While doing some research for one of my older blog posts about the Canon D2000, I stumbled on some information - thank you Google Books -about the Kodak PreView system, which intrigued me. I haven't read about it before. It was aimed at cinematographers, as a means of judging exposure, and consisted of a Canon EOS-1n-based Kodak DCS 520 modified to work with Panavision Primo lenses. As I understand it, APS-C and 35mm motion picture film have roughly similar diagonals depending on the aspect ratio, so I'm not sure if the focus screen, viewfinder etc were modified. There was also some software that presumably did remote shooting and preview, and I can only assume that it didn't have any kind of Live View, which would have been splendid but probably technically infeasible unless it was at a very low frame rate. This would have been 1999, about the time the moon was blown out of orbit and then sucked through a black hole.
Damn, that episode where the man wakes up in the casket - and he's trapped! And the one with the tentacles, and the smoking corpses. Brrr. And Martin Landau's scary face. But still, the Kodak PreView system was apparently used to shoot The Haunting
and Rocky & Bullwinkle
, neither of which covered themselves in box-office glory, although the latter film had Rene Russo which is always a good thing. Literally the only non-Google Books reference I could find was this:http://livedesignonline.com/mag/lighting_ghost_stories_karl/"Another Kodak product, the PreView system (see "PreViewing apparitions," page 75), marketed by Panavision, helped to compensate. With the system's digital camera and software that simulates film stocks and other cinematographer's tools, Lindenlaub could print out a previsualized image of a scene before exposing any footage. Though the system has any number of potential uses, on The Haunting, Lindenlaub primarily relied on it as a record of looks. "Especially on this movie, I had to relight the same directions on the same sets over and over again," he says."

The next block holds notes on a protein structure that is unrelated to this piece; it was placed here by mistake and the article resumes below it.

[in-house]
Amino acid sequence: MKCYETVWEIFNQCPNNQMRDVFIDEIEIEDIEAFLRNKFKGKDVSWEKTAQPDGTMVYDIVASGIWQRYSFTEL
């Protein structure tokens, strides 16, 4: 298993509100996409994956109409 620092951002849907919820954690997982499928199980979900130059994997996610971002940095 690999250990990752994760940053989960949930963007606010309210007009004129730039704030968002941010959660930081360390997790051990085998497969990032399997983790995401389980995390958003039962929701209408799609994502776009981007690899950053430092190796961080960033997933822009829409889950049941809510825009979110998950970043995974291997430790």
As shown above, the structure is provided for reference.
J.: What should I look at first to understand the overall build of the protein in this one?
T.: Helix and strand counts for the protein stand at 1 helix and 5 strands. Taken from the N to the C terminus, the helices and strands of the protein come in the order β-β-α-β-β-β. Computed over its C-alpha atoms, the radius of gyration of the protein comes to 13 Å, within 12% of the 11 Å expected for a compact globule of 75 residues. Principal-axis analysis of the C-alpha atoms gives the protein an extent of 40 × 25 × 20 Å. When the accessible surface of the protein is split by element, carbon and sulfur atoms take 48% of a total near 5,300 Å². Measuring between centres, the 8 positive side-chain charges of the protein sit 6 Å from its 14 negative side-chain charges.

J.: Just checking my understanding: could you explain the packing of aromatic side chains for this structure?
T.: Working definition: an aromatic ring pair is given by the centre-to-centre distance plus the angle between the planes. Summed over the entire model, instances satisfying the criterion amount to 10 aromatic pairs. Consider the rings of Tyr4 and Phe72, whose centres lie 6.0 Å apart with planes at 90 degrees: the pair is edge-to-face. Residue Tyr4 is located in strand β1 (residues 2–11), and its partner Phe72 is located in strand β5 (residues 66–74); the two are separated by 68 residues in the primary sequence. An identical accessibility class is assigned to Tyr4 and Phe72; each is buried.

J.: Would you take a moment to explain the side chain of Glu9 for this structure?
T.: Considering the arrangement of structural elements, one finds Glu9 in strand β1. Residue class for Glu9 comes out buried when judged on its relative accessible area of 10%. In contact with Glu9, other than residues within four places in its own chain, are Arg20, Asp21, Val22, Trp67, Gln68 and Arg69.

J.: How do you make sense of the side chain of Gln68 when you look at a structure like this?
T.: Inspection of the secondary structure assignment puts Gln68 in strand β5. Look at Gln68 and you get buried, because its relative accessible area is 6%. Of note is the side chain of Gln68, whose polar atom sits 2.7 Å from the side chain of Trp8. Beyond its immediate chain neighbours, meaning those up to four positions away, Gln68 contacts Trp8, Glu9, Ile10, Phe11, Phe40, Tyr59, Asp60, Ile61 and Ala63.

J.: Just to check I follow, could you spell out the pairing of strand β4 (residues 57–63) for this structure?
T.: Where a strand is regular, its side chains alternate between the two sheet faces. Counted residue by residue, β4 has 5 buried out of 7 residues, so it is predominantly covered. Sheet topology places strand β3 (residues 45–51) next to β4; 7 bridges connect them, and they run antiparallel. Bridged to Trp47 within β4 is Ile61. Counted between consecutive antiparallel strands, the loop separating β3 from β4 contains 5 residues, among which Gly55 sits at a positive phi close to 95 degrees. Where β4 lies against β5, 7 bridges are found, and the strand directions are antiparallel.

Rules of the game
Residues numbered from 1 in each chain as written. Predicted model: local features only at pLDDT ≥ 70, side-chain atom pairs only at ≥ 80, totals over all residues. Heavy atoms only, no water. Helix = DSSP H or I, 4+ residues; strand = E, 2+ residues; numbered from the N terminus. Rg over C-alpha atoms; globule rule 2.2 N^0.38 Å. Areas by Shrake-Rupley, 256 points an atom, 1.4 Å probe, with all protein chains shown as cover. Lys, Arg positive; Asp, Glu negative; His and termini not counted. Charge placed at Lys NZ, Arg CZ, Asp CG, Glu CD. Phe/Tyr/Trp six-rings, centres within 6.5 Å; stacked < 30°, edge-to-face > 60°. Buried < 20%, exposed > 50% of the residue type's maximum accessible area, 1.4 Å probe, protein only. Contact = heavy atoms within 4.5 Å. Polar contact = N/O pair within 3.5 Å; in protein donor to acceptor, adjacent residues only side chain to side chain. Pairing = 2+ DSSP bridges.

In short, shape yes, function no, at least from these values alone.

I wonder if Kodak patented the whole "electronic system for emulating film stocks with software" thing. It might explain why the Fuji S3's film simulation modes are "F1" and "F2" instead of named film stocks (which always puzzled me; they were Fuji's own films!). It sounds like the kind of generic but fundamental thing that a company would patent. I surmise the PreView system sold in tiny quantities and was quickly superseded by real-time digital video previous, or perhaps Panavision hired out the systems and then disposed of them once they had done their business. I wonder what happened to them? A Kodak DCS 520 with a Panavision Primo adapter would be a thing to behold (as far as I can tell there are modern-day EOS-Primo adapters, so there'd be no point in e.g. stripping the camera down and grafting the mount to a 5D MkII).
The article as a whole is yet another reminder that no matter how terrible a Hollywood film, a small army of professionals busted a collective gut in order to make it. They sweated blood. And all that talent was just wasted, like a Formula One ace who gets stuck driving for Minardi.